Stoke-on-Trent, North Staffordshire 

 all about Stoke-on-Trent in 5 minutes...

Stoke-on-Trent the world's largest and most famous pottery producing city....

    Quick facts & figures

The city now named Stoke-on-Trent was officially born on the 31st March 1910, with the Federation of the Six Towns.

This brought together the boroughs of Hanley, Burslem, Longton and Stoke, together with the districts of Tunstall and Fenton.
Stoke was chosen as the seat of power, despite the fact that Hanley, and indeed Burslem, had been far better established since Edwardian times. The legacy of this union lives on undiminished, as locals will refer to 'the Potteries', meaning the various towns, rather than the official title of 'Stoke-on-Trent'.

Tourism is very strong in the Potteries:
Large recent developments include the Potteries Shopping Centre in Hanley, and the entertainment complex, Festival Park. 
The Art Deco Regent Theatre has reopened after renovation, 
 The Wedgwood Story, a £4.5 million interactive tour, new for 2000 is located at the Wedgwood site. 
The theme park Alton Towers is easily accessible from Stoke, while the Peak District National Park and the Staffordshire Moorlands are a short drive from the city.

Tourist information centre
The Potteries Shopping Centre
Alton Towers

Visiting the pottery factories:
The larger factories (see below) have visitor centres and factory shops.

Visiting the museums:
The world famous Potteries Museum in Hanley is well worth a visit and the Gladstone Pottery centre is a restored Victorian pottery in Longton. There is also Etruria Industrial Museum and Ford Green Hall a 17th C house and period garden.

The Museums of Stoke-on-Trent

 

where is it?

Stoke-on-Trent is located in the north of the county of Staffordshire, England.
Staffordshire map from GENUKI
Staffordshire
(map from GENUKI)

Short history of Stoke-on-Trent:
The city’s history is intimately bound up with that of the ceramics industry; the Stoke-on-Trent area is, in fact, generally known as the Staffordshire Potteries, or just the Potteries.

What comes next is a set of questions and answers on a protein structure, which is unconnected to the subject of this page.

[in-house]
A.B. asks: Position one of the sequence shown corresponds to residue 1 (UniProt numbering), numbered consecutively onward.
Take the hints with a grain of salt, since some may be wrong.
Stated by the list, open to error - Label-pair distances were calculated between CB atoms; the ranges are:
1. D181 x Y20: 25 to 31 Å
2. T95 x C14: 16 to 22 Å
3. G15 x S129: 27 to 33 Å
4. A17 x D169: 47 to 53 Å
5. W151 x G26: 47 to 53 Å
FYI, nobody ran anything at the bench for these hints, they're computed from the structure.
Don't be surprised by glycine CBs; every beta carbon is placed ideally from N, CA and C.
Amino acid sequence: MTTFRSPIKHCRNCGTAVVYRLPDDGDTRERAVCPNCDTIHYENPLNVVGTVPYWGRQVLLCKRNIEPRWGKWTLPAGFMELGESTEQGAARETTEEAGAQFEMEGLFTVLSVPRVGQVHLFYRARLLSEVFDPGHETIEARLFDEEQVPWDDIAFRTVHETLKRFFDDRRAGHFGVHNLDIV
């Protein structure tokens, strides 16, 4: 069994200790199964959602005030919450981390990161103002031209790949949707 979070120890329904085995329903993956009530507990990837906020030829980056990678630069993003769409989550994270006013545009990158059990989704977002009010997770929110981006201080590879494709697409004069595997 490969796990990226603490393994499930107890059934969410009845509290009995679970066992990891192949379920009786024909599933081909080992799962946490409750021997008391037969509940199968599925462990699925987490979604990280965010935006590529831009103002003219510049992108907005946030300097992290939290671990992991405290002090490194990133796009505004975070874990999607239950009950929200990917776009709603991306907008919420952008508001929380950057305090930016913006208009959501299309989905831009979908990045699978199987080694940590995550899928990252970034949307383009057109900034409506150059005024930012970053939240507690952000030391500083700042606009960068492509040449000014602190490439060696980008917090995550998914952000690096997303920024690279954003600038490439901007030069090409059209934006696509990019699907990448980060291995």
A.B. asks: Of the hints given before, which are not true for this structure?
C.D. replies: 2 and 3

The production of pottery dates back to at least the 17th century, and was founded on the area’s abundant supplies of clay; of salt and lead for glazing; and of coal, used to fire the kilns. By the time Josiah Wedgwood set up business for himself in 1759, the area was supplying a wide variety of earthenware and stoneware produced in and around the villages of the area. 
Pottery production was also in the process of changing from a cottage-based to a factory-based industry, a transformation that placed the Potteries at the forefront of the Industrial Revolution. 

In 1769 Wedgwood himself built one of Britain’s first large factories, in Etruria, the village he established on the outskirts of Burslem, his birthplace. 

Wedgwood Factories

His work, and that of other famous 18th-century Staffordshire potters, such as Joseph Spode I, Thomas Minton, the Wood family, and Thomas Whieldon, helped make the area synonymous with ceramics. This position was confirmed when, in around 1800, Spode’s son, Josiah Spode II, developed a fine bone china (porcelain containing bone ash) that was cheap to produce and eminently marketable. His success ensured the Potteries domination in subsequent porcelain production. 

The industry’s growth was also aided by the opening, in 1777, of the Grand Trunk Canal (now the Trent and Mersey Canal), which provided an outlet to the ports at Hull and Liverpool in order to transport raw materials into the city and for the export of the finished ware.

Bottle Kilns



Nothing set the Potteries sky-line apart more than the weird bottle shaped brick buildings that looked for all the world like they had been borrowed from a fairytale scene.